Before the vote, Maryland Del. Charles E. Sydnor III had planned to rise to explain why he would cast a ballot to censure his colleague, a fellow Democrat who began her state legislative career with him five years ago.

But he never moved. He said he couldn’t.

“As much as I wanted to get it into the record, I realized I might not be able to get through everything. . . . I didn’t want to embarrass myself,” said Sydnor (Baltimore County), whose intent was to tell his colleagues about the racism his grandparents endured in Virginia and the racial slurs that were hurled at him growing up in Maryland.

Sydnor was one of 137 members of the House of Delegates who, on the final day of Black History Month, took the rare action of censuring Del. Mary Ann Lisanti (Harford) for conduct that “brought dishonor to the entire General Assembly of Maryland.”

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The revelation Monday that Lisanti, a white lawmaker, had described an area of Prince George’s County as a “n----- district,” sent feelings of hurt, shock, anger and disgust through the State House, across Maryland and into Prince George’s, a community long hailed as a mecca of the black middle class.

Suddenly, Sydnor said, he couldn’t help but wonder if Lisanti saw him as the spouse, father, lawmaker and lawyer he is — “or as that slur which she used.”

“It is the most notorious racial-ethnic-group slur in the American language, and that is saying something because the American language is filled with slurs,” said Harvard Law professor Randall L. Kennedy.

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“It is a word that has blood dripping off it,” said Kennedy, author of “N-----: The Strange Career of a Troublesome Word.” “And people have to be attentive to that.”

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Lisanti said in a statement Tuesday that she was “sickened that a word that is not in my vocabulary came out of my mouth.” Del. Jay Walker (D-Prince George’s) said he was there when she said the word.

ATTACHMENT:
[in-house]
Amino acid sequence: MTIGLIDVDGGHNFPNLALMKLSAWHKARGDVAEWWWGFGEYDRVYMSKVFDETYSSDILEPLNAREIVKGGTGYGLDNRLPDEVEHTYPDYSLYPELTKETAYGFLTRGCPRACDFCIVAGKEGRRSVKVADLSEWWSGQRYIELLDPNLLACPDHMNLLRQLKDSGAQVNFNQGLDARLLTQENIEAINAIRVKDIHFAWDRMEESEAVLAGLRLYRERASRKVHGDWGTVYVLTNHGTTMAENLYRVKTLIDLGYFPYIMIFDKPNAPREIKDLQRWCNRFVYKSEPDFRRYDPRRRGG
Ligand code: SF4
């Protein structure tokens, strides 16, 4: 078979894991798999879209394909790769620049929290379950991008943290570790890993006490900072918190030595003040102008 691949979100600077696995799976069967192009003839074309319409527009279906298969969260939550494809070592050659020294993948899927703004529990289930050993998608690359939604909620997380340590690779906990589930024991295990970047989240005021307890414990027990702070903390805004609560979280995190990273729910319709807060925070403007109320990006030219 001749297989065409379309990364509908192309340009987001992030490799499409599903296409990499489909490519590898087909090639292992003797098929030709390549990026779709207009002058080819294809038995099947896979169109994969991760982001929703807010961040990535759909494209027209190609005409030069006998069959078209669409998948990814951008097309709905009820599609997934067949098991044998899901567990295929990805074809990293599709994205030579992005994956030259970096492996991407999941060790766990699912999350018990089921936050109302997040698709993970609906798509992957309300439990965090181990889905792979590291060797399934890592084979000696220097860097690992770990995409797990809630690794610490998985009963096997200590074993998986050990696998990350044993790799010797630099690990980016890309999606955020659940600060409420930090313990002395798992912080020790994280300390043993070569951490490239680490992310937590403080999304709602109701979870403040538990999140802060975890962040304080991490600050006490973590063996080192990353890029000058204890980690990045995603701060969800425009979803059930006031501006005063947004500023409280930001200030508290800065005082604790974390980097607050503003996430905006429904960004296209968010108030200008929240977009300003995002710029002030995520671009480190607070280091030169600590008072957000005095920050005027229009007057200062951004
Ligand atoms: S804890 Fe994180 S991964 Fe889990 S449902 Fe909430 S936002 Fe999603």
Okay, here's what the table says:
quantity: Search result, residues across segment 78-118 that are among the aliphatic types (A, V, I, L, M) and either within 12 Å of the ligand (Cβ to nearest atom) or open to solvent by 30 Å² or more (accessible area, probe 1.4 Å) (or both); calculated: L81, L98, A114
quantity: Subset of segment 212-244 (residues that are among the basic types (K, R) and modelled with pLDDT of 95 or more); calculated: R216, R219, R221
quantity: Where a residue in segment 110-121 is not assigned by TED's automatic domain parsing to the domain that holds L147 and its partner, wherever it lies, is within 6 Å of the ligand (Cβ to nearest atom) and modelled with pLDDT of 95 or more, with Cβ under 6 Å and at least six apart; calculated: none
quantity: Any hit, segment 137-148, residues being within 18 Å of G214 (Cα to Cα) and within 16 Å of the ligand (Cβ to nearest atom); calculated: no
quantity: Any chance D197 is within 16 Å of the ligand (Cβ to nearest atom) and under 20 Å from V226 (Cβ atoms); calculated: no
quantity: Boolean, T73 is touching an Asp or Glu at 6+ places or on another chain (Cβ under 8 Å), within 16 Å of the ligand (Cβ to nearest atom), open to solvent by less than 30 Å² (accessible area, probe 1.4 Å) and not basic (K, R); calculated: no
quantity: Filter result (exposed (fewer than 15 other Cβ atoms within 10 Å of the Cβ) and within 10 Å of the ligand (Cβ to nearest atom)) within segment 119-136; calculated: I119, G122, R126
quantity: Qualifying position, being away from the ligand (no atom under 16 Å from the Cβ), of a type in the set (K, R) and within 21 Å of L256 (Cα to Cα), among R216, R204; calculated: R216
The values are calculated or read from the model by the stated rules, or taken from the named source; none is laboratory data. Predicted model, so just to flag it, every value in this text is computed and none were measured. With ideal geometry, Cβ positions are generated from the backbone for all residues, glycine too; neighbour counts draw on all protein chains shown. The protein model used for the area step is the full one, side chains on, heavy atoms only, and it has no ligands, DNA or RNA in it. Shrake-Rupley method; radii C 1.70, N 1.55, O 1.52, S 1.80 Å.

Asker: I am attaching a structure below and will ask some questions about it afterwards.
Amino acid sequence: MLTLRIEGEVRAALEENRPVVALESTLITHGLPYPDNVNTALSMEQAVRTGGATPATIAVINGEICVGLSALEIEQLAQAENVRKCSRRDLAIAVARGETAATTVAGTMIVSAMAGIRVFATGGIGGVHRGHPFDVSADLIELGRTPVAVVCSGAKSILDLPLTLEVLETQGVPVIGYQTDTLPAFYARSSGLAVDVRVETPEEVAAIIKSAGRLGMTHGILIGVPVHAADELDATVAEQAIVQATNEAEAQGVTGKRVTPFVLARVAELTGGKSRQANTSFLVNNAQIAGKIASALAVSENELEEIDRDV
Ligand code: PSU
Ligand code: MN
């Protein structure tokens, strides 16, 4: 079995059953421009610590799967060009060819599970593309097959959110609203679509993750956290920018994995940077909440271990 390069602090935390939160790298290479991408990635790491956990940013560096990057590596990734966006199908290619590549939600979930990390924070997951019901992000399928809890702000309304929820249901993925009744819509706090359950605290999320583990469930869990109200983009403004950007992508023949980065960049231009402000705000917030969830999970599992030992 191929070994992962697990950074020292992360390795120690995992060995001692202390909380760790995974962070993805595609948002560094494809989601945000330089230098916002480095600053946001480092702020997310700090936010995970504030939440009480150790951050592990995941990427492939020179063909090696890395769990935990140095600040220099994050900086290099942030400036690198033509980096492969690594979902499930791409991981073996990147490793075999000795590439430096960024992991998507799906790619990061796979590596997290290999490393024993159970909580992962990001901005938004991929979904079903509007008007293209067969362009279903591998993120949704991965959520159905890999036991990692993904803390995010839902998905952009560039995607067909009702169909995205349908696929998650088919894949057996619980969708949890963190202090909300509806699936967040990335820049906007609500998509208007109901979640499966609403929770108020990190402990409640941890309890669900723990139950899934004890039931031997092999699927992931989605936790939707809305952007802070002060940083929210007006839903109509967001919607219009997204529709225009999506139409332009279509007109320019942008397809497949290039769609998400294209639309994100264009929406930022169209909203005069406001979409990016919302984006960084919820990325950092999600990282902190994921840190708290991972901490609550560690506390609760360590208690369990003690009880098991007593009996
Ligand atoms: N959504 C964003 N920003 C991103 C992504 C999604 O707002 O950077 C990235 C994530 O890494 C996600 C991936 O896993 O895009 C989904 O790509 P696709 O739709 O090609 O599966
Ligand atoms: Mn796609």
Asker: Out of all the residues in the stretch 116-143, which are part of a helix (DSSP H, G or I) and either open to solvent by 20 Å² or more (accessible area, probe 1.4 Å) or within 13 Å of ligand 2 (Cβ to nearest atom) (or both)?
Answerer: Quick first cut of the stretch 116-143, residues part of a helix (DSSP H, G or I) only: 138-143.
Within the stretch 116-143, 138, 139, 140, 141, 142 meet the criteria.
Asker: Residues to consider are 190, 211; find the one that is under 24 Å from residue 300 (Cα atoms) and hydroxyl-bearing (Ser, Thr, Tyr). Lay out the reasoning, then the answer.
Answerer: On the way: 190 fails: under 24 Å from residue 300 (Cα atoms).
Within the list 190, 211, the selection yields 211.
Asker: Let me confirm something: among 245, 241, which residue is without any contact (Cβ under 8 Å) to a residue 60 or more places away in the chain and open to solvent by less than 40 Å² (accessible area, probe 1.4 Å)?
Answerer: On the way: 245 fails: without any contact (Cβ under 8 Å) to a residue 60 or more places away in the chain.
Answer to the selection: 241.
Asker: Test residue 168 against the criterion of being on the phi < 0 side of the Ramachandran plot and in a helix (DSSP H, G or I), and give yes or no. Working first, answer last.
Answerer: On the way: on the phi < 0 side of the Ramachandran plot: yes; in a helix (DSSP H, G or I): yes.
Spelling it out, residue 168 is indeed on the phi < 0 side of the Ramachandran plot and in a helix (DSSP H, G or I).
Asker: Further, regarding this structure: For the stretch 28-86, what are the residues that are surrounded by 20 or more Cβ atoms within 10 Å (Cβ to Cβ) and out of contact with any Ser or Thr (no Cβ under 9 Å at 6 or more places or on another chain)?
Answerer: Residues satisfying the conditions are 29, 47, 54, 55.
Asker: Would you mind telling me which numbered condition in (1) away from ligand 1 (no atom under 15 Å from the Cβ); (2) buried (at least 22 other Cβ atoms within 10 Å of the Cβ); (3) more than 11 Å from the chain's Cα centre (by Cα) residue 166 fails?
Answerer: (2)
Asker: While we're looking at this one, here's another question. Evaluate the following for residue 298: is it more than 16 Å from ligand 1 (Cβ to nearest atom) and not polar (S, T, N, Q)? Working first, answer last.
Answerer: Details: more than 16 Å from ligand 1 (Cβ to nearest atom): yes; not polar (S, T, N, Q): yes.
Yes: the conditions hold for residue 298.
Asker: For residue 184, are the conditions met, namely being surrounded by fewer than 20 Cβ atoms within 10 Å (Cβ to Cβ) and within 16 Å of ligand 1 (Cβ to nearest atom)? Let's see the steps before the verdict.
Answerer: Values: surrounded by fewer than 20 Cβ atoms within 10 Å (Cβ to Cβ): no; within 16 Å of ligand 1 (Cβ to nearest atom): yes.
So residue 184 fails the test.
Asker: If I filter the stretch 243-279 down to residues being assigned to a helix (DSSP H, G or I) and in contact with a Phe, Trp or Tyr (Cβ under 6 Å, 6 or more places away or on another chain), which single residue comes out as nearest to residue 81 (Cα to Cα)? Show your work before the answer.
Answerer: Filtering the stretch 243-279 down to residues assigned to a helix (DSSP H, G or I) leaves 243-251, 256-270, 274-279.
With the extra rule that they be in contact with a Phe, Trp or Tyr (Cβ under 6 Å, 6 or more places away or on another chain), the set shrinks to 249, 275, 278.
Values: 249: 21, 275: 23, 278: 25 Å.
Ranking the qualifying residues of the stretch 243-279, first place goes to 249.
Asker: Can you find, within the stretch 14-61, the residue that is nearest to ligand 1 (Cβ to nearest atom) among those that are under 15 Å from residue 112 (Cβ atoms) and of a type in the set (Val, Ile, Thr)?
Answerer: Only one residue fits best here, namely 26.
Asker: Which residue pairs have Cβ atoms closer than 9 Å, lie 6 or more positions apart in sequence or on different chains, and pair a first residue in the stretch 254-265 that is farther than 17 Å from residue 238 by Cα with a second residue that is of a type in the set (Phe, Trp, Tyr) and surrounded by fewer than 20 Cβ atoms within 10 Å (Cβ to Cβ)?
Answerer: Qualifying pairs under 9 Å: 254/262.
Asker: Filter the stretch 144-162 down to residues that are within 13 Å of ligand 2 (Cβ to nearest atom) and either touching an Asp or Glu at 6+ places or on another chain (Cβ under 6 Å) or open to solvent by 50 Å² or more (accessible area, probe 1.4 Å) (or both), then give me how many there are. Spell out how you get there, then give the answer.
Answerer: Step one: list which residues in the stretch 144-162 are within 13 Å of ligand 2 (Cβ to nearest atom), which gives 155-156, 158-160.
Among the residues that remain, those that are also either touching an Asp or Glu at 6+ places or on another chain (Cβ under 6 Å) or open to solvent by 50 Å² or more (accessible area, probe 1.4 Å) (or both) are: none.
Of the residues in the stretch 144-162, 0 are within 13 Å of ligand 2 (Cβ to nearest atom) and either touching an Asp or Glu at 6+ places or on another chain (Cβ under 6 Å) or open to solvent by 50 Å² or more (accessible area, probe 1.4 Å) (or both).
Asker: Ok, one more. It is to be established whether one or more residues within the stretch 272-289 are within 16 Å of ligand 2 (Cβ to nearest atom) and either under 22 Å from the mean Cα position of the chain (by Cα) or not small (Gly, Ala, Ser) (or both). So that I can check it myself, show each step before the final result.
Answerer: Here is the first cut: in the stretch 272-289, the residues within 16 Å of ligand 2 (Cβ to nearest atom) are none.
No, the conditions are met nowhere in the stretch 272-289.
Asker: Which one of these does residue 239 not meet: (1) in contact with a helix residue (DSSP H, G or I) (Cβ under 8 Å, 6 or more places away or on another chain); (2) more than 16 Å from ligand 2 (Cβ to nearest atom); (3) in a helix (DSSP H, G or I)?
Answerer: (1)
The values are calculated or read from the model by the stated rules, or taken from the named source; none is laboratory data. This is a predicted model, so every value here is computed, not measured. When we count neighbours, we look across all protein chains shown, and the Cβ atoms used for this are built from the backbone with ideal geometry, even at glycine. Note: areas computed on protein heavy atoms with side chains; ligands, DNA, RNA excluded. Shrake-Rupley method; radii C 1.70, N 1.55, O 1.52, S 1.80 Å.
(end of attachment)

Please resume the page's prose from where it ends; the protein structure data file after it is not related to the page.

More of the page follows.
But appearing before reporters after Thursday’s censure, Lisanti further angered many of her colleagues by appearing to deny using the word, saying that there was no “independent verification” to prove that she said it.

In Prince George’s, which has a long, painful history of racism that stems back to slavery and continued through a century of lynchings and Jim Crow segregation, County Executive Angela D. Alsobrooks addressed the incident at a town hall meeting Wednesday evening, without mentioning Lisanti’s name.

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“I know who we are as Prince Georgians, and I know we would not yield to people who are ignorant or unenlightened,” Alsobrooks (D) told the dozens of people who gathered at Charles Herbert Flowers High School in Springdale. “The future is bright here in Prince George’s.”

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The county of more than 900,000 residents transformed over the past three decades from a predominantly white, blue-collar farming community to an enclave of black prosperity. As black residents from the District and elsewhere moved to the county, often to expansive new homes in subdivisions built on the sites of former plantations, many white residents left.

Prince George’s was the biggest slave-owning county in Maryland, which did not free slaves until more than a year after President Abraham Lincoln’s Emancipation Proclamation on Jan. 1, 1863. According to census records, there were more enslaved black people living in Prince George’s in 1860 than there were whites. That census listed 12,479 slaves, 1,205 free blacks and 9,650 whites living in Prince George’s. Five of at least 40 black people who were lynched in Maryland were killed in Prince George’s, according to the Maryland Lynching Memorial Project.